“They’re trying to duplicate the environment of the logistics warehouses that are in the community,” said David Rainey, director of owner’s representation for Veridus Group.

Another of the learning spaces in MADE @ Plainfield is filled with units simulating electrical, hydraulic, motor control and other systems for students to train on.

“This can really apply to a lot of different industries,” Perrill said, including logistics, racing, agriculture and food.

The units are on rollers so they can be easily moved around and swapped based on what’s being taught.

“There’s nothing in this room that is set up to where it can’t be switched out to a new technology, to a new training,” Rainey said. “We’ve got plenty of power, we’ve got air, we’ve got everything they need. If technology changes, they need to start training on something else, they can bring it in.”

Ivy Tech has a testing center in MADE @ Plainfield for workforce certifications and proctored exams, complete with computers, cameras and lockers for participants to leave their belongings in. The post-secondary educational institution also has space for student services like financial aid and advising.

WorkOne, which provides employment and career services throughout Indiana, has an office in MADE @ Plainfield as well. Perrill said the organization’s presence in a workforce training facility is fitting.

“The main motivation of that is they want people looking for what’s next in their careers,” she said.

The Indiana Department of Homeland Security has some administrative offices in MADE @ Plainfield, and conducts fire safety training there.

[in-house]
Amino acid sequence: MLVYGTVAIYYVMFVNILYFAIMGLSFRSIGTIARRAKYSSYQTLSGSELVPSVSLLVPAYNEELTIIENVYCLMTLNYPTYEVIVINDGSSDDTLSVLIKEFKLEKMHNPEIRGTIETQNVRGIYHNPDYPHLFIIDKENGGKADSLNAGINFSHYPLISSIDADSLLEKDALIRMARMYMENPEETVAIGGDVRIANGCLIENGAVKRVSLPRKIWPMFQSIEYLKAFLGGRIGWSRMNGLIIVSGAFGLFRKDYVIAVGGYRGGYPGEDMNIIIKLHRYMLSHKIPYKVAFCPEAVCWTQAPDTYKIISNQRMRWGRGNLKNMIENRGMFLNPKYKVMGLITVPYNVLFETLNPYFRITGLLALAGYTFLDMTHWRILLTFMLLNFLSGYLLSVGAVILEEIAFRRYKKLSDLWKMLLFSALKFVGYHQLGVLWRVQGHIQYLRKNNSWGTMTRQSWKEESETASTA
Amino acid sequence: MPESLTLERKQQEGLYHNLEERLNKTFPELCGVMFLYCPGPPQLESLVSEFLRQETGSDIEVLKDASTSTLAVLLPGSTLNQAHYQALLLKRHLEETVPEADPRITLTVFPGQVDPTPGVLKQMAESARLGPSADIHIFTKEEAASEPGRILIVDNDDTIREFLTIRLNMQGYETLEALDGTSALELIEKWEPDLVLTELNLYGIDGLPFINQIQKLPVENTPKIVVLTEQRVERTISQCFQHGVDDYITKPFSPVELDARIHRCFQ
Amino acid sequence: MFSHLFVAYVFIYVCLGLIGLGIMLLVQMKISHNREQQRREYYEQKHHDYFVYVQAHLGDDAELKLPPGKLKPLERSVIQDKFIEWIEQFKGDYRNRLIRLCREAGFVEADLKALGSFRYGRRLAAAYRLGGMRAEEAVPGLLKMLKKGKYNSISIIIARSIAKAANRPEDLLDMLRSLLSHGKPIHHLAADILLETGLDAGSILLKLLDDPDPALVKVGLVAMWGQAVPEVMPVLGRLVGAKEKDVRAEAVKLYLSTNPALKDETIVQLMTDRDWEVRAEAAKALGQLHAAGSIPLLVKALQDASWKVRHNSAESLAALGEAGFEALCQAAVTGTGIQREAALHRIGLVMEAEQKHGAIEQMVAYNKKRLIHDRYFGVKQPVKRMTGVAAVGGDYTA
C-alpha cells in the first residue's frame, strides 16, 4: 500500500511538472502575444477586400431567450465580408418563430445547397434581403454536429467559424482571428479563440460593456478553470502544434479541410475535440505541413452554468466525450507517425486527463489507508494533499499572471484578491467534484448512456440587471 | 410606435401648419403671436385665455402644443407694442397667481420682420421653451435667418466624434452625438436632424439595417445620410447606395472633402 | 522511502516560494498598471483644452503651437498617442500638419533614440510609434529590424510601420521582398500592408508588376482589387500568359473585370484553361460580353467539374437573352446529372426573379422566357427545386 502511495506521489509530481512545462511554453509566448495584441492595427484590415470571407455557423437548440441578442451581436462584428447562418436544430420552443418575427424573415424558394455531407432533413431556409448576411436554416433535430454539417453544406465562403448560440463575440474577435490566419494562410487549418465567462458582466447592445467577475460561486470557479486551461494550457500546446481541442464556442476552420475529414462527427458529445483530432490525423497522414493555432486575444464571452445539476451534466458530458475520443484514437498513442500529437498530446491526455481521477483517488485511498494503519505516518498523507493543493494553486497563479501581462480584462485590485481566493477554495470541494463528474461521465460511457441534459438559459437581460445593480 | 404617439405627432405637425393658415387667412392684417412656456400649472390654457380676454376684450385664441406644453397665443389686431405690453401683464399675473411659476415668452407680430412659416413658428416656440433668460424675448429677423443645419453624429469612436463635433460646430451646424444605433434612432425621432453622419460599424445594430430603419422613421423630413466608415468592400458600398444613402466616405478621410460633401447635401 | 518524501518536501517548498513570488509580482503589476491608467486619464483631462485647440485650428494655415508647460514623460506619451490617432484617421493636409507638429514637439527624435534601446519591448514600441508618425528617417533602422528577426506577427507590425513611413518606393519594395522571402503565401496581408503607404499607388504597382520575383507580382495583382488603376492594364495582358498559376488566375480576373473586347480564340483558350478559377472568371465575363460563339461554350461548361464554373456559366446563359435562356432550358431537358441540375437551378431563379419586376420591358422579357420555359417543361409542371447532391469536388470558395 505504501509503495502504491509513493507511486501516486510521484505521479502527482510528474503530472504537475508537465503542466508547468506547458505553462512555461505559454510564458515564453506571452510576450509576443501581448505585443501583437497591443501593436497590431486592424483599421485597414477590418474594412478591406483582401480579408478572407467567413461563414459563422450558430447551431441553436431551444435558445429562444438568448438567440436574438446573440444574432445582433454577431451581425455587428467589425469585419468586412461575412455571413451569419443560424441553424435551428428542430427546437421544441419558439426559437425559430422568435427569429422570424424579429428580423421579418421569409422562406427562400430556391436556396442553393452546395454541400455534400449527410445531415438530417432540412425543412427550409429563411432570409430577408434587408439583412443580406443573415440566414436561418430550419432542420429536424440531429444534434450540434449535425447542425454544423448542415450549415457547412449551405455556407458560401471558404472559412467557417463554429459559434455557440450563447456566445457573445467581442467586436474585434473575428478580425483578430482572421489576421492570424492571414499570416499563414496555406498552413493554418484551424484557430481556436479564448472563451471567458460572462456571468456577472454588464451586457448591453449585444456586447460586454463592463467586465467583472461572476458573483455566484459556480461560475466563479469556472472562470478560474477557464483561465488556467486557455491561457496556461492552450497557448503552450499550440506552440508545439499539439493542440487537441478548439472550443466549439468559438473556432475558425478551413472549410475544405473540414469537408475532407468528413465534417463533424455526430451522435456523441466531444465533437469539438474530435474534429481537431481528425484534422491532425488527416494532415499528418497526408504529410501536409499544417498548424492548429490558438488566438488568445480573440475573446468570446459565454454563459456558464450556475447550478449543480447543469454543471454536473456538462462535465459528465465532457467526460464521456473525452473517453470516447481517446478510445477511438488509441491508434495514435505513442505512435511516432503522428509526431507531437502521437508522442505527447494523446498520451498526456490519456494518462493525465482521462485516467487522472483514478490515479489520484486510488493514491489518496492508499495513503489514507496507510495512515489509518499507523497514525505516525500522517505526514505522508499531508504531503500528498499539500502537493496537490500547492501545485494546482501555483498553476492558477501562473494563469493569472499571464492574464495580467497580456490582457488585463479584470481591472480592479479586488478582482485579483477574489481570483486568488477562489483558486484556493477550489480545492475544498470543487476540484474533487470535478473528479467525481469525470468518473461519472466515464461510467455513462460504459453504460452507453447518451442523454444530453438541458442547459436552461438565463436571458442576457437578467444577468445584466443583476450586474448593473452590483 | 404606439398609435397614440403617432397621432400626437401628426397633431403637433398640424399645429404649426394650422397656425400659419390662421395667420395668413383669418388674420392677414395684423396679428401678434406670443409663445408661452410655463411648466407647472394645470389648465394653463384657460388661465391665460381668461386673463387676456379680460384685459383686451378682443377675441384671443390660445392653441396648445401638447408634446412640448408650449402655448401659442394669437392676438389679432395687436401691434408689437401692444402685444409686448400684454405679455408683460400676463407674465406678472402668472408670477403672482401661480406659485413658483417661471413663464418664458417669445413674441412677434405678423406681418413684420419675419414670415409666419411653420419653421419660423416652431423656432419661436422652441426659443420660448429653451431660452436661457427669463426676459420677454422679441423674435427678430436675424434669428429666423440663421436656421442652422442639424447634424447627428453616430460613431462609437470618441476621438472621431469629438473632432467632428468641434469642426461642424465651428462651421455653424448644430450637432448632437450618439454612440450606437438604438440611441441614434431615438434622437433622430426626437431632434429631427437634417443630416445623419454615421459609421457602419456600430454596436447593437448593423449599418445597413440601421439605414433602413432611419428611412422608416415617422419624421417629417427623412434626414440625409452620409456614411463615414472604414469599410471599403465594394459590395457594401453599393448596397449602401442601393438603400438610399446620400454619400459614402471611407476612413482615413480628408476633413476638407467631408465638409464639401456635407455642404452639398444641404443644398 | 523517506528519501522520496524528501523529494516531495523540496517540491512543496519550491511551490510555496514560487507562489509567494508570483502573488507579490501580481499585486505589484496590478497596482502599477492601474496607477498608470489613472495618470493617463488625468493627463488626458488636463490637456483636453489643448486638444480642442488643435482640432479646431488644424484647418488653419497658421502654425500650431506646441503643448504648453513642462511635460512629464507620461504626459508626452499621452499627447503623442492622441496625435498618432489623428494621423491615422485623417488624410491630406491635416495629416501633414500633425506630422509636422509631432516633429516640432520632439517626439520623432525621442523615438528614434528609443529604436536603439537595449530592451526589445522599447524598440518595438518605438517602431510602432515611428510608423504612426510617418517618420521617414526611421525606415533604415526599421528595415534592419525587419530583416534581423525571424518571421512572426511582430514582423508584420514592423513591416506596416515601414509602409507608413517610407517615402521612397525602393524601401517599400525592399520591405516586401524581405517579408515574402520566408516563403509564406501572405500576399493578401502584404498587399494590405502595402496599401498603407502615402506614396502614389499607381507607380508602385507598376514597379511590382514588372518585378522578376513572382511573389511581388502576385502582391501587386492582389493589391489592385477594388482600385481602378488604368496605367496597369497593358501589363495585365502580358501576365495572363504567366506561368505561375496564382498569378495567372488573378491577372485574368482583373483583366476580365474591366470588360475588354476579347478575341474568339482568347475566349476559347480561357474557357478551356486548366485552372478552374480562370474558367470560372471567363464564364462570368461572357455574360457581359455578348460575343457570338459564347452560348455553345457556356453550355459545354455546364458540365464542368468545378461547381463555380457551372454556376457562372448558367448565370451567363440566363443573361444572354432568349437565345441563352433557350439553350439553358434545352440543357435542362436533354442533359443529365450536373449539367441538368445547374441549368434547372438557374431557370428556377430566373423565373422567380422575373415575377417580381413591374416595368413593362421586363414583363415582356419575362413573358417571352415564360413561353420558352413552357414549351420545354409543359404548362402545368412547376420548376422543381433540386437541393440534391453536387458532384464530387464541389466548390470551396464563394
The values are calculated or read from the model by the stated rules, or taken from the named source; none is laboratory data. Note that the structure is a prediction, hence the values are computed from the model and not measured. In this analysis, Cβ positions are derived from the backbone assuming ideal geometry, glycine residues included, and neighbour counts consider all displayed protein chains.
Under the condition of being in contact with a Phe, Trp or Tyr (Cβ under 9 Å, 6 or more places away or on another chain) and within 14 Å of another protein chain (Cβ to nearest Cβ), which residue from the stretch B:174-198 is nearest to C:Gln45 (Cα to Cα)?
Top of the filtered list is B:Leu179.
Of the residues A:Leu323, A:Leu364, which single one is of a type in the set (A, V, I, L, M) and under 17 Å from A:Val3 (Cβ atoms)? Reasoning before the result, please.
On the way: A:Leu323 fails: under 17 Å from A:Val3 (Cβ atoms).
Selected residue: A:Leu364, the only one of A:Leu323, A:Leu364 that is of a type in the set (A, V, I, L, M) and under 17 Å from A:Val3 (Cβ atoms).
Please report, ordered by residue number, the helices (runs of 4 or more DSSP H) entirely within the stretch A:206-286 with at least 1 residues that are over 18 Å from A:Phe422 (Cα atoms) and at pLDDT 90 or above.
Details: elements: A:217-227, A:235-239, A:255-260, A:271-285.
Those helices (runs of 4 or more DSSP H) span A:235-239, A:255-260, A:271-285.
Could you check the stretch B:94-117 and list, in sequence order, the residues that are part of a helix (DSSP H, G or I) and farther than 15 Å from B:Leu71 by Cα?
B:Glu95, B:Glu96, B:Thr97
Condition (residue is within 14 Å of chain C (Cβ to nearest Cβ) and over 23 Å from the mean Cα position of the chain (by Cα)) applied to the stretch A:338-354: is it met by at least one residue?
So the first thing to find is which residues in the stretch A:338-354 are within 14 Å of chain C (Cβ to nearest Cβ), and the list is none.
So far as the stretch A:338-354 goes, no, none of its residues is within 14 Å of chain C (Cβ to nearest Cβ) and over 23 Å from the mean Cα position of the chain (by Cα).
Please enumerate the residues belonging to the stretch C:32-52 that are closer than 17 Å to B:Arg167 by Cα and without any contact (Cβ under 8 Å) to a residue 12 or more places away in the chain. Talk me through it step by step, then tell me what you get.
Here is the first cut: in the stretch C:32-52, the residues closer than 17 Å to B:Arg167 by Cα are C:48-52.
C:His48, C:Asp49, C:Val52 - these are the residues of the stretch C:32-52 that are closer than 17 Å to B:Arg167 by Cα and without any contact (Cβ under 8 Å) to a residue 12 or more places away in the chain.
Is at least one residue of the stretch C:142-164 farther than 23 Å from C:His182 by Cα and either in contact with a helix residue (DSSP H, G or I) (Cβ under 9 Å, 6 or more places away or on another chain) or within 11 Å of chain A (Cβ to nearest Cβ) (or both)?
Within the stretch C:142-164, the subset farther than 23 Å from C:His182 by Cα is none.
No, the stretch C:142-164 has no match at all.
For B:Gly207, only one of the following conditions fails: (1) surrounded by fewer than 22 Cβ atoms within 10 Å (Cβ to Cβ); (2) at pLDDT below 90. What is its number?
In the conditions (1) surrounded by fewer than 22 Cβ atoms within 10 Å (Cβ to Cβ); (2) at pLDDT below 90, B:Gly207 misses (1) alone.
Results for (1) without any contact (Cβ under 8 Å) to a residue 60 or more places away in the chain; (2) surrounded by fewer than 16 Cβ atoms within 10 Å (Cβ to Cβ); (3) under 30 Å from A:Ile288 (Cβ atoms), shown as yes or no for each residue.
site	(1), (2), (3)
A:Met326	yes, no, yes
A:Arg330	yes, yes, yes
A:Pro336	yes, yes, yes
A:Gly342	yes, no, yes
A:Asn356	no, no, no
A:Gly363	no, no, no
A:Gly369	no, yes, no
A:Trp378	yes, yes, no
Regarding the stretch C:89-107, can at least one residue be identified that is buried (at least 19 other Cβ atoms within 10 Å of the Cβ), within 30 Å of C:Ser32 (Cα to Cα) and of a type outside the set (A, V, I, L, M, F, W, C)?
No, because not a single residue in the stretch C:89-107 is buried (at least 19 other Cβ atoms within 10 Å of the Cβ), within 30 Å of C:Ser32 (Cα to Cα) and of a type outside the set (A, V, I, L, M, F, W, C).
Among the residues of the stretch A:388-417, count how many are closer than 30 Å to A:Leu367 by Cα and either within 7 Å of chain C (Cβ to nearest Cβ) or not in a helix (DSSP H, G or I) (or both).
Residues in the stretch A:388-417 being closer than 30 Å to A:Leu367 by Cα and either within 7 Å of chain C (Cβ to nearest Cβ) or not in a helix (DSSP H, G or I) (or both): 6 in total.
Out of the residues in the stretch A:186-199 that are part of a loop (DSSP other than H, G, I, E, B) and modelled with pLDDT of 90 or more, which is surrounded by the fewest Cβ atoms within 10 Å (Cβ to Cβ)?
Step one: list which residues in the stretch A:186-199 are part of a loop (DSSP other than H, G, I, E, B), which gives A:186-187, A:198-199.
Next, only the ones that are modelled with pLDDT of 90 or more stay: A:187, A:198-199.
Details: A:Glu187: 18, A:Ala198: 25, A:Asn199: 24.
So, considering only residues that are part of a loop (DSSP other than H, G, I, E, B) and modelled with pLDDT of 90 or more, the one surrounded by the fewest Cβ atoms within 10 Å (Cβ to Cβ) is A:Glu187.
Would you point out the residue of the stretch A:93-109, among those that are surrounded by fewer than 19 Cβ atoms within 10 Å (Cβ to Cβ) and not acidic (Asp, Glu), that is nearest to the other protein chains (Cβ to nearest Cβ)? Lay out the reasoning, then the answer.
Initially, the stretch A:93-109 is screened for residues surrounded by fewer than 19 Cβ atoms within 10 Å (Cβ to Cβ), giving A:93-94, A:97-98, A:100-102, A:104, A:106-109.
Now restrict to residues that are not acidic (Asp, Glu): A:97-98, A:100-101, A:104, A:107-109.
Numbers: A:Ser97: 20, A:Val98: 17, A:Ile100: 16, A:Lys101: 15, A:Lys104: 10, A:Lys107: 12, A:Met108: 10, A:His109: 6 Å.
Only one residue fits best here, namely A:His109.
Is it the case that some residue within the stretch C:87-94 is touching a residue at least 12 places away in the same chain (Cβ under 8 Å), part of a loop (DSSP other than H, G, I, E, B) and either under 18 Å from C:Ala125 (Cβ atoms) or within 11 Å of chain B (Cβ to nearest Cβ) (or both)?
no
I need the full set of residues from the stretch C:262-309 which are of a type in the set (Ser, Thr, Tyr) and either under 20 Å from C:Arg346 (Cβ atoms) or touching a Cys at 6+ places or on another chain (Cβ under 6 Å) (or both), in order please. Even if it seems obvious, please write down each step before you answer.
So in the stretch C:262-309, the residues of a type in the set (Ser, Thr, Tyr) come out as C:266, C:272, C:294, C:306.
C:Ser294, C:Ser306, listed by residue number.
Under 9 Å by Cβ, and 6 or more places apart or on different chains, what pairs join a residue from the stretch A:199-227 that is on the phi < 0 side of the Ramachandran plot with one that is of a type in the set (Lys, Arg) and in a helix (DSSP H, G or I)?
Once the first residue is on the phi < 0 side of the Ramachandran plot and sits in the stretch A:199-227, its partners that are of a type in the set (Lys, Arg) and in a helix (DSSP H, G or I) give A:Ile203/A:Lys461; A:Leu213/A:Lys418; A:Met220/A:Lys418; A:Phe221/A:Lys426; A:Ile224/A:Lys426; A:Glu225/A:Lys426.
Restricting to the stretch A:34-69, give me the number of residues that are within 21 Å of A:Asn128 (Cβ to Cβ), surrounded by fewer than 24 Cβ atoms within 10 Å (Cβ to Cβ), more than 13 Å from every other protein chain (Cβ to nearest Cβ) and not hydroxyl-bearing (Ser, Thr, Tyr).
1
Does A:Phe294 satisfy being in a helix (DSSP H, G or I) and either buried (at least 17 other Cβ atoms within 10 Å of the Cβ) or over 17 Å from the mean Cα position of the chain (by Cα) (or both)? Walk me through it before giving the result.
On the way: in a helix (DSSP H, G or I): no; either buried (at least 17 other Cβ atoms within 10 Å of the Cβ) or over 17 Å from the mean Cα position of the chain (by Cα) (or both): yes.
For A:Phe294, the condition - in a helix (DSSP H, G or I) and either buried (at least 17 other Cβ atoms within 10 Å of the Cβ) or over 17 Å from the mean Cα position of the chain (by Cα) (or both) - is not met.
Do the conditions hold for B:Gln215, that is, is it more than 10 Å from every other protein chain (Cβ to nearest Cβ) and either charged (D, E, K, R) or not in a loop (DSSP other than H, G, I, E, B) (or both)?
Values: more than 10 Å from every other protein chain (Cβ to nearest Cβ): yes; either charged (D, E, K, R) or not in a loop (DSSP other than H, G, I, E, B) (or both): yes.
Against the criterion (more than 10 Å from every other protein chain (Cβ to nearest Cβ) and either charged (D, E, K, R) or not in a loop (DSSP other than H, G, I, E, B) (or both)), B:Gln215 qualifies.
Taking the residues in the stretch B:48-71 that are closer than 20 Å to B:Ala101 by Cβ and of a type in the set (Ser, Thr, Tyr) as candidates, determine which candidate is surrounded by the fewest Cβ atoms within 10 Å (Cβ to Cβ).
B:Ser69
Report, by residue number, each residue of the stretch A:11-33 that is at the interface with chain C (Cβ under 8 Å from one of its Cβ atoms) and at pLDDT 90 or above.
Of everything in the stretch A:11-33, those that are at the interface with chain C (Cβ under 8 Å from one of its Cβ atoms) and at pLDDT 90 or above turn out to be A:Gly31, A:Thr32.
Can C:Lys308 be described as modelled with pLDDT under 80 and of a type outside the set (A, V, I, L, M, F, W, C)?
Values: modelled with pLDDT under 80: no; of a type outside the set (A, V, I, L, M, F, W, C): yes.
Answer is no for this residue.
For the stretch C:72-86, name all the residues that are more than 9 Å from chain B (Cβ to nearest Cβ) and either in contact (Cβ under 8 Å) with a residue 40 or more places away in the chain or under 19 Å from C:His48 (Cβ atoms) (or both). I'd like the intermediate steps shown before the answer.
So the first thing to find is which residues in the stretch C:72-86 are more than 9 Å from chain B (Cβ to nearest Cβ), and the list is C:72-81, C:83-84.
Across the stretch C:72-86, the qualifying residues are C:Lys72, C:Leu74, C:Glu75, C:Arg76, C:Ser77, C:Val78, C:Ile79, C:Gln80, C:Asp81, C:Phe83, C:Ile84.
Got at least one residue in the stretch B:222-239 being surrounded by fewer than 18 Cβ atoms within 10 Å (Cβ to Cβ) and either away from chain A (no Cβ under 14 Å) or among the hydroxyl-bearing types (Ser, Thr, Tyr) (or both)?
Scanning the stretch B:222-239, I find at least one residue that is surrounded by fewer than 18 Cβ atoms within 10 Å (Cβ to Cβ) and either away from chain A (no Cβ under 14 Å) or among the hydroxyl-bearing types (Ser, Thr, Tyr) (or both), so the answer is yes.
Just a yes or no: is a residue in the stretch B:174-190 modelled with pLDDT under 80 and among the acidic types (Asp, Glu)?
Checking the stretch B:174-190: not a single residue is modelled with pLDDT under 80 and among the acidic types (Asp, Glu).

Indiana State University offers a master of business administration degree at the facility.

Also in the building are labs for medical assisting classes, computer labs, conference rooms, smaller “huddle” rooms and a “learn anywhere” classroom wired with cameras and microphones.

About 10,000 students went through the doors of MADE @ Plainfield last year, Perrill said, ranging from those in need of services from WorkOne to learners taking classes for a semester or months at a time.

One difference between MADE @ Plainfield and the Hancock County Innovation and Education Center is that the latter is planned to offer workforce training to high school students. Those in Hancock County currently have to travel out of the county to study at career centers.

“The only thing that is really different between this concept – what we did here at MADE – and what we’re doing in Hancock County is that in Hancock County all four school corporations are heavily engaged, and are going to have dedicated CTE (career technical education) for their schools where students will come,” Rainey said. “…It’s going to bring some challenges as we start to integrate and bring together adult students and high school students; there’s challenges that we’ve got to figure out.”

MADE @ Plainfield also has a large community room that gets plenty of use, Perrill said, including for breakfasts, employee training, networking events and events organized by the Indy Chamber.

“It’s busy all day every day it seems,” she said.